Social media is a hot topic in college admissions. The question so many students and parents often pose is: Do college admissions counselors check the Facebook pages of their applicants? The short answer is…no. College admissions counselors don’t have the time to peruse every applicant’s Facebook page. In a word, it’s impractical. But does that mean you should have content on your Facebook page or on other social media outlets that you wouldn’t want an admissions counselor to see? Of course not!
Just because admissions counselors don’t check every applicant’s Facebook page doesn’t mean they won’t check your Facebook page. What if you’re a borderline candidate whose application has gone to committee? And just because admissions counselors tend not to check your Facebook page, that may not be the case for alumni interviewers.
Alumni interviewers quite frequently take a look at your Facebook page either before the interview when they are trying to figure out how to recognize you at a crowded Starbucks, or after the interview when they are completing their evaluation. Since alumni only interview a certain number of students, they want to be able to share information that can be helpful to the admissions office in formulating a decision. Alumni interviewers thus often have the time and the motivation to check your Facebook page.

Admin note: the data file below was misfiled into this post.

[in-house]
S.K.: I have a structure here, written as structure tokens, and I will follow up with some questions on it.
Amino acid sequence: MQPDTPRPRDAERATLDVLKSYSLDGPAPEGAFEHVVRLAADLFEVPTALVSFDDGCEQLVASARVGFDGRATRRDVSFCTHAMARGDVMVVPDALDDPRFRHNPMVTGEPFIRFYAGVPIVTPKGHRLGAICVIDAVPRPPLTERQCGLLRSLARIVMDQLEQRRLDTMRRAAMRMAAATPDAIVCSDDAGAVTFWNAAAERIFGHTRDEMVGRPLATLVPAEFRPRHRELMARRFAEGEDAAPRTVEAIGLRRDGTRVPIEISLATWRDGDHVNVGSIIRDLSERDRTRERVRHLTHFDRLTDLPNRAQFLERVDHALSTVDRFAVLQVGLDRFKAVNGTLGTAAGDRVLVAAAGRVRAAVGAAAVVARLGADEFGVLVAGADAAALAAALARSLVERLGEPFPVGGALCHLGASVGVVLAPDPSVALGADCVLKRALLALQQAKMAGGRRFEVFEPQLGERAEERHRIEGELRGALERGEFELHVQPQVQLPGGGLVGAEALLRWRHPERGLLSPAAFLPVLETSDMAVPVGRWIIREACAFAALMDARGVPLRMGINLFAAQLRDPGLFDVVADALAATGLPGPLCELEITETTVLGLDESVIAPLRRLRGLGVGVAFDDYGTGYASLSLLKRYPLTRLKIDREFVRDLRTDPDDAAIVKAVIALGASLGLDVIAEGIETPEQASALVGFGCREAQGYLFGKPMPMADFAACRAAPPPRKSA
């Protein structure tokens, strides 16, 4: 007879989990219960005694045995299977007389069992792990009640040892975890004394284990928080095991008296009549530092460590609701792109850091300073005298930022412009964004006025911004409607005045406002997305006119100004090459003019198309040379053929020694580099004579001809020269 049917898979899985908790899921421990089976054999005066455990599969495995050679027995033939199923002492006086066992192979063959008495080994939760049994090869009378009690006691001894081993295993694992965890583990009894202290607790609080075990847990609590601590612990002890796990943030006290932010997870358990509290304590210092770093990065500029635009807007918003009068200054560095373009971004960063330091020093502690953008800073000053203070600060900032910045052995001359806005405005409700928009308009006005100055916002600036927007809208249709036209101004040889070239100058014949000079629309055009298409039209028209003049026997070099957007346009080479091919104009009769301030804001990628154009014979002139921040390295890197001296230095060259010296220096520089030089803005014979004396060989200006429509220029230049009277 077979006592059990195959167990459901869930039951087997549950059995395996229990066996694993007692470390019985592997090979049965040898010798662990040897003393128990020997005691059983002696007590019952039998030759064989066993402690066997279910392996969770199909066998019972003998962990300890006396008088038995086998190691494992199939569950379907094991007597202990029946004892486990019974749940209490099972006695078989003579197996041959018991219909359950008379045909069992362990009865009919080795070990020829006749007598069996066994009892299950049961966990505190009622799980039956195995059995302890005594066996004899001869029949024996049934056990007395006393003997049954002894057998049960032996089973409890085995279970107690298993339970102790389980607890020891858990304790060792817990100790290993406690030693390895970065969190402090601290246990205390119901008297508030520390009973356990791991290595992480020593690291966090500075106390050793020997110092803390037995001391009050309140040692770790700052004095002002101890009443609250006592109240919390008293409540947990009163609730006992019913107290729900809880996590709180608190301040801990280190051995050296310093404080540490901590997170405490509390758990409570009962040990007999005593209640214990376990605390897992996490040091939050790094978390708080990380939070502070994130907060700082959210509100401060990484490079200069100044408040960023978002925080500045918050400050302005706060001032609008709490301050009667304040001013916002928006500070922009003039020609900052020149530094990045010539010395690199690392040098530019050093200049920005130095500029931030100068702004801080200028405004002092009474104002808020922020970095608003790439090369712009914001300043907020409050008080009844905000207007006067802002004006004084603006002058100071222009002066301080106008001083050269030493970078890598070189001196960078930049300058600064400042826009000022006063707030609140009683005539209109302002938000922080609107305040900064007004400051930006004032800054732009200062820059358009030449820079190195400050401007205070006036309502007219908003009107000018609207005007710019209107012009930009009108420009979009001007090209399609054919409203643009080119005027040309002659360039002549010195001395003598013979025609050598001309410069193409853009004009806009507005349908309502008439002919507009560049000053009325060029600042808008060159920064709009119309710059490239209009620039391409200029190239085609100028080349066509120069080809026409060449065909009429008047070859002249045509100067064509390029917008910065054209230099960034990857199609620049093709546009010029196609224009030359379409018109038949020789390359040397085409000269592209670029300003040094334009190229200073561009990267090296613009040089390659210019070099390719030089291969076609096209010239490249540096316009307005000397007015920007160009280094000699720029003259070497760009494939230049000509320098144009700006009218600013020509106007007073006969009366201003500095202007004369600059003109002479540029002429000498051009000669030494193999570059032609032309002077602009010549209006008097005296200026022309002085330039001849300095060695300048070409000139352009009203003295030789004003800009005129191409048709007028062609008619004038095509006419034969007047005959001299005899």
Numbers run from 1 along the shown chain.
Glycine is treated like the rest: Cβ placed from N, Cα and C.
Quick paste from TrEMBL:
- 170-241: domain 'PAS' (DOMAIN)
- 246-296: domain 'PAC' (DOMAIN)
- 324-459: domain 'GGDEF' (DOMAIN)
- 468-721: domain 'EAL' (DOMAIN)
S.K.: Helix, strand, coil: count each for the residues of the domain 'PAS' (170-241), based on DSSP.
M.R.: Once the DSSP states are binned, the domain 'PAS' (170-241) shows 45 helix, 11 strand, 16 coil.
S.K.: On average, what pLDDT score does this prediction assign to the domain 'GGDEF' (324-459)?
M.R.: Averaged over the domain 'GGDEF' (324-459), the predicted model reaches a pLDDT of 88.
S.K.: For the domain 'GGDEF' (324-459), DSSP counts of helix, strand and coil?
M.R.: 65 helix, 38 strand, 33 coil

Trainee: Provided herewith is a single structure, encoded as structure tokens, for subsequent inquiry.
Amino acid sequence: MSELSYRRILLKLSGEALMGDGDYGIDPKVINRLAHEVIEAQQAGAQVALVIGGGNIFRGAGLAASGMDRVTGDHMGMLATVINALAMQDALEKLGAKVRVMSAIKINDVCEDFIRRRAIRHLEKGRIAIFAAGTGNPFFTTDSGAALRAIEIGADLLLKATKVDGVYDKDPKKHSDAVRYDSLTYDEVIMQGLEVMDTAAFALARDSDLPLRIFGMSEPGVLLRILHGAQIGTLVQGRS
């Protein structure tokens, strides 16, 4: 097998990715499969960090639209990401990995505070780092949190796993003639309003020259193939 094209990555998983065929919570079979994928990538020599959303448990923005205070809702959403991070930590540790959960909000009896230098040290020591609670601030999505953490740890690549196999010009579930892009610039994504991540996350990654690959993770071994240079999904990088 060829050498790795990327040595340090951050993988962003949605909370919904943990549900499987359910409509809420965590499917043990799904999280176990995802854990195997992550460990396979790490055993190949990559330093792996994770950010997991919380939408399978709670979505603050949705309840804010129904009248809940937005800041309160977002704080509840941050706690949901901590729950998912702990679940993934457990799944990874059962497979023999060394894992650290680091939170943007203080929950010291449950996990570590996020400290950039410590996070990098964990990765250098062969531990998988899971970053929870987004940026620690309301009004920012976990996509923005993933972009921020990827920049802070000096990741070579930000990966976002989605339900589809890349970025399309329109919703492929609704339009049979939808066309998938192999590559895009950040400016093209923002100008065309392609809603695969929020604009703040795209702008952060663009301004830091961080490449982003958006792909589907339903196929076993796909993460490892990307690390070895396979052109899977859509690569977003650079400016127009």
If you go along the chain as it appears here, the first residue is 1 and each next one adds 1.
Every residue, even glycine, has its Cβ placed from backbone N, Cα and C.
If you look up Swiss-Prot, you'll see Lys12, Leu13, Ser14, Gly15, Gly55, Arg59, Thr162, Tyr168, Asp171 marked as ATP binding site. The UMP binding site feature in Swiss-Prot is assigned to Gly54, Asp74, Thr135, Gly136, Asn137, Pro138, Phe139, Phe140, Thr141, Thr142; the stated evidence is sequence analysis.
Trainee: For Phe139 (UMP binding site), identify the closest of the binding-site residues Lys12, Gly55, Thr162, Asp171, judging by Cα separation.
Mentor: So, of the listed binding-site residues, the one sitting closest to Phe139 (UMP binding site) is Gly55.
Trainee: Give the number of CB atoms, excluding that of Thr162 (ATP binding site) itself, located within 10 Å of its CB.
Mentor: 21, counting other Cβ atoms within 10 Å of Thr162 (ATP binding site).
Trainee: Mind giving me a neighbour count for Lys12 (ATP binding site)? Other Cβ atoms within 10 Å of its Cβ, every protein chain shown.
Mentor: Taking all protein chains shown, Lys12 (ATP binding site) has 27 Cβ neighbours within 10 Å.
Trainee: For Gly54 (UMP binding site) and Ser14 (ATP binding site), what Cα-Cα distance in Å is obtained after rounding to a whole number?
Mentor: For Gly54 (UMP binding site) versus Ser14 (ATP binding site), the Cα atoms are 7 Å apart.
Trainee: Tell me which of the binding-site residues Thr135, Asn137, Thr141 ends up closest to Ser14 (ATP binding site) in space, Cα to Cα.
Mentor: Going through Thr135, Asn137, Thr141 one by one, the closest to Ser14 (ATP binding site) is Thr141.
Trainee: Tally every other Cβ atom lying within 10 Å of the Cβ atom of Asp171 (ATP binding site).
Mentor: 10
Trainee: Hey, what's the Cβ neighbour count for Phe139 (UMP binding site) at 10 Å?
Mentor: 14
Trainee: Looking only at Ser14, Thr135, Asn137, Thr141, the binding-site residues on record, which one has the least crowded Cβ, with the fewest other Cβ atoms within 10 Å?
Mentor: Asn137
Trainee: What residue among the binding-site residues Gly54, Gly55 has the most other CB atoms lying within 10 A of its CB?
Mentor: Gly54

In an article this week in “The Seattle Times” linked below, the author writes about ways to use social media to your competitive advantage in the college admissions process. We agree — there are indeed ways to market your art portfolio or accomplishments on the viola online for college admissions counselors. There are ways to carefully use the Internet to help your case for admission. But by keeping your privacy preferences open to the public or by having it up there at all, you run the risk of unintentionally sharing information with people who will have an influence on your admissions decisions. Is it worth the risk?
Read our Newsletter on Using Social Networking Sites to Your Advantage.
Check out the article in “The Seattle Times” here.